Pay-Back for Zimbabwe’s Military in First Post-Mugabe Cabinet
When Zimbabwe’s army incarcerated Robert Mugabe in his house last week, presumably to keep him safe from his enemies after people thought it was a coup, many around the world immediately noticed the irony. The same apparatus of the government that helped prop up Mugabe’s dictatorship for more than three decades suddenly found the confidence to force Mugabe to step down.
On Friday, December 1, 2017, Mugabe’s replacement and the engineer of the coup, President Emmerson Mnangagwa appointed senior military officials to top posts in his first cabinet in what was widely seen as a reward for the army’s role in the removal of his predecessor.
Sworn in as president a week ago after 93-year-old Mugabe quit in the wake of a de facto military coup, Mnangagwa made Major-General Sibusiso Moyo foreign minister and handed Air Marshal Perrance Shiri the sensitive land portfolio.
The new president, who later on Friday spoke publicly about the need to draw on local expertise and skills to put the economy back on robust footing, also brought back Patrick Chinamasa as finance minister despite his chequered record in that post previously.
Most Zimbabweans remember Moyo as the khaki-clad general who went on state television in the early hours of Nov. 15 to announce the military takeover that ended Mugabe’s 37-year rule.
Shiri is feared – and loathed – by many Zimbabweans as the former commander of the North Korean-trained ‘5 Brigade’ that played a central role in the so-called Gukurahundi massacres in Matabeleland in 1983 in which an estimated 20,000 people were killed.
The land portfolio is a sensitive but economically crucial one since land reforms in the early 2000s led to violent seizure of thousands of white-owned farms and the collapse of the nation’s economy.
The drawback to involving the army — or rewarding them for doing the dirty work — in political affairs is that they eventually begin to think and act like politicians themselves. Constantin Chiwenga, Zimbabwe’s army head who incarcerated Mugabe for five days in the former president’s residence, was once described as “a desperate politician in army uniform,” and this isn’t far from the truth. The Zimbabwean chief of Army staff was appointed by Mugabe. Of course, Zimbabwe’s Army chief’s close friendship with Mnangagwa and their meet-up in China where they reportedly perfected their plan to overthrow Mugabe under a veneer of constitutionality, has been widely discussed. Chiwenga’s anger to Mugabe’s alleged succession plans with Grace Mugabe, coupled with Mnangagwa’s sack as vice-president motivated his plans to meddle in democratic matters.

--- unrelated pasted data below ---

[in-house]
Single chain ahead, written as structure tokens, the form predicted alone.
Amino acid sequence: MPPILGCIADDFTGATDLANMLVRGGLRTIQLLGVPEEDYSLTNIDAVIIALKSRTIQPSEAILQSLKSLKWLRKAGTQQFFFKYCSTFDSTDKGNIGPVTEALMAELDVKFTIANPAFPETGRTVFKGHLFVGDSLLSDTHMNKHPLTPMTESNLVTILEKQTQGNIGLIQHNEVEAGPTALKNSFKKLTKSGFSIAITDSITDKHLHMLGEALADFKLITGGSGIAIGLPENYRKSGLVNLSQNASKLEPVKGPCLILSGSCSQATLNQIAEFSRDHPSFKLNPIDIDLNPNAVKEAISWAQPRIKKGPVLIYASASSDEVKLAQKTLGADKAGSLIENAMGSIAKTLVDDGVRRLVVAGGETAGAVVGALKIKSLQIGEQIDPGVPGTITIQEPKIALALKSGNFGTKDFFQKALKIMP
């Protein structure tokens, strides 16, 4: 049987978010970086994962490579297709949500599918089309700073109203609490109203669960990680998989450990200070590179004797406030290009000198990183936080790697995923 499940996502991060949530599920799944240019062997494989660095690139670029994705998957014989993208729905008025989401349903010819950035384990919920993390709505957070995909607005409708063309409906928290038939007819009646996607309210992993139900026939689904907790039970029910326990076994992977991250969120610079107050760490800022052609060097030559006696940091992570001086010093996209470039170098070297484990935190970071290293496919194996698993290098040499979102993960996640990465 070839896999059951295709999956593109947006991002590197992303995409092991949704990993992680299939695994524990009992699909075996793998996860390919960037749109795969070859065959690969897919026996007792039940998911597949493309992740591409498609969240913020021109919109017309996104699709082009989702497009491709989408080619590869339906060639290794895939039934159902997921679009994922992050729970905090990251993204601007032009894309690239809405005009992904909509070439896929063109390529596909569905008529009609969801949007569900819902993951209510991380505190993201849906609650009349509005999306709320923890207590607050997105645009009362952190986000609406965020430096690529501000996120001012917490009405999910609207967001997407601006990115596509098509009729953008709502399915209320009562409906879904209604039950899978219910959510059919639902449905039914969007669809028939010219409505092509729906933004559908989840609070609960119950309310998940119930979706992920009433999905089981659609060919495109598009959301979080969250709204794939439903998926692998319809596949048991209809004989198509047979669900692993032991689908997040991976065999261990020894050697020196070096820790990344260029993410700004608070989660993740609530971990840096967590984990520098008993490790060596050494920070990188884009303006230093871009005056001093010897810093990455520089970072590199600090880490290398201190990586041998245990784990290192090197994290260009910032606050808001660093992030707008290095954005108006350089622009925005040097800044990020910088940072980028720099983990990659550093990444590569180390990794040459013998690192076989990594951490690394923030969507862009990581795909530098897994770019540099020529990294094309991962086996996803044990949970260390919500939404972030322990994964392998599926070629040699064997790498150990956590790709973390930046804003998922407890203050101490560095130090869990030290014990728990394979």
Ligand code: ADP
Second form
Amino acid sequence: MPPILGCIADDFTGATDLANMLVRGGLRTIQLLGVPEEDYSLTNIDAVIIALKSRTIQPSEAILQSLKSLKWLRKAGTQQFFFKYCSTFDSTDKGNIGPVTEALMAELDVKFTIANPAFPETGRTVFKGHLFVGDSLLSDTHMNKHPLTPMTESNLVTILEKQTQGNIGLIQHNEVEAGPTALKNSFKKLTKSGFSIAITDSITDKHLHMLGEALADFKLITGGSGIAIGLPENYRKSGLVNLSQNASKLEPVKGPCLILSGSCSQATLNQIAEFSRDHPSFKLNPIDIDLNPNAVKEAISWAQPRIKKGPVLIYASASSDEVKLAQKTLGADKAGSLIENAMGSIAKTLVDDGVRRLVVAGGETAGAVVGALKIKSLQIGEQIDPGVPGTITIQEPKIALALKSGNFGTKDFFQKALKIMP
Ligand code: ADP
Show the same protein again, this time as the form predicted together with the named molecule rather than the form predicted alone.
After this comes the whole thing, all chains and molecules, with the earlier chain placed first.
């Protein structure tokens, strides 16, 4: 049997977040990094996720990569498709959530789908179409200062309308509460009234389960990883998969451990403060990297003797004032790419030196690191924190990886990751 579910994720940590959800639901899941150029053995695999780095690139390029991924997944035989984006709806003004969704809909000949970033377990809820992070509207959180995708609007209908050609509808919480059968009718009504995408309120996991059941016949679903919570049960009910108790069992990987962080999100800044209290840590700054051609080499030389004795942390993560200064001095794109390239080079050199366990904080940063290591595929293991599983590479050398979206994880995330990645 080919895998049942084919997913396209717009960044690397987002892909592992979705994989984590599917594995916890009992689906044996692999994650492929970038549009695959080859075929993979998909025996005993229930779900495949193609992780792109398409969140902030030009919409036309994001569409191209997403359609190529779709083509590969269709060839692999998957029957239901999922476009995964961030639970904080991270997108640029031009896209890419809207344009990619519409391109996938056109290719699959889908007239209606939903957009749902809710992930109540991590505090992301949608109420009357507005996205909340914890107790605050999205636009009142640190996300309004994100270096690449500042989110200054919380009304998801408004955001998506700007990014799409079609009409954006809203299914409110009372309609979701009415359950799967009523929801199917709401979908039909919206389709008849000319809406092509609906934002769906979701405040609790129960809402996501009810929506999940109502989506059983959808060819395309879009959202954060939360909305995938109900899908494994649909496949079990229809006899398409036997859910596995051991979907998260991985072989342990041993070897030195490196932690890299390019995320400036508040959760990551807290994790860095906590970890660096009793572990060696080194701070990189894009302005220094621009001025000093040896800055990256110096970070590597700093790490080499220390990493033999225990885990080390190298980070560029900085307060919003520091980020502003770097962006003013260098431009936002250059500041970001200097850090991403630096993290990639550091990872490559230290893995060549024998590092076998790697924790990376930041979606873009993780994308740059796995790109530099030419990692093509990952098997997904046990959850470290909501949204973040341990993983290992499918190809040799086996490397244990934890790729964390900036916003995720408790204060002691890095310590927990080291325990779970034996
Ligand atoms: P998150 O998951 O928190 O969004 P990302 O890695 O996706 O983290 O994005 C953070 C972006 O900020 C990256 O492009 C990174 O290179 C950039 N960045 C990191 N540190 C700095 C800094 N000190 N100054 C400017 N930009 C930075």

“For most observers, this (the new cabinet line-up) looks like a reward for the military – or more specifically like the military asserting its authority,” London-based political analyst Alex Magaisa wrote on Twitter.
Mnangagwa, a former state security chief known as ‘The Crocodile’, dropped allies of Mugabe’s wife, Grace, but brought back many Mugabe loyalists from the ruling ZANU-PF party, disappointing those who had been expecting a break with the past.
“Zimbabweans were expecting a sea change from the Mugabe era. After all, had there not been a revolution, or so they thought?” Magaisa said. The downside, of course, is that having carted home their massive booty, the military’s arrogation of arbiter among politicians unlikely to stop with Mnangagwa. The reward is so mouth-watering to ignore.
Mnangagwa’s opponents from Grace Mugabe’s ousted G40 faction derided the line-up as old wine in a khaki bottle.
“Even #Nigeria didn’t have so many commanders in Cabinet in its coup days!” former information minister and G40 leader Jonathan Moyo, who remains in hiding, said on Twitter.
Chinamasa, a lawyer by training, had been finance minister since 2013 until he was shifted to the new ministry of cyber security in a reshuffle this year.
His predecessor and Mugabe ally Ignatius Chombo, is in jail facing corruption charges dating back more than two decades. A high court on Friday postponed Chombo’s hearing to next Tuesday.
During Chinamasa’s time in charge, though, the economy stagnated, with a lack of exports causing acute dollars shortages that crippled the financial system and led to long queues outside banks.
The issuance of billions of dollars of domestic debt to pay for a bloated civil service – a key component of the ZANU-PF patronage machine under Mugabe – also triggered a collapse in the value of Zimbabwe’s de facto currency and ignited inflation.
“I had expected a more broad-based cabinet,” said economist Anthony Hawkins, adding that Mnangagwa’s faith in Chinamasa suggested loyalty trumped ability. “Chinamasa’s appointment was to be expected, notwithstanding his appalling record.”
With elections due next year, Mnangagwa needs to deliver a quick economic bounce and has made clear he wants to curb wasteful expenditure. His cabinet has 22 ministers compared to Mugabe’s 33.
One of his most pressing tasks will be to patch up relations with donors and the outside world and work out a deal to clear Zimbabwe’s $1.8 billion of arrears to the World Bank and African Development Bank.
Without that, the new administration will be unable to unlock any new external financing.
British Foreign Secretary Boris Johnson told Reuters this week London was thinking about extending a bridging loan to Harare to allow this to happen, although said it depended on “how the democratic process unfolds”.
Speaking publicly for the first time as president at a graduation ceremony at a university in Chinhoyi, 110 km (68 miles) south of Harare, Mnangagwa, however, appeared to be looking to local expertise to put the economy on a stronger footing.
“As we engage the world it is of great importance to have our own home-grown solutions to develop our economy and benchmark ourselves on the best in the global village,” he said.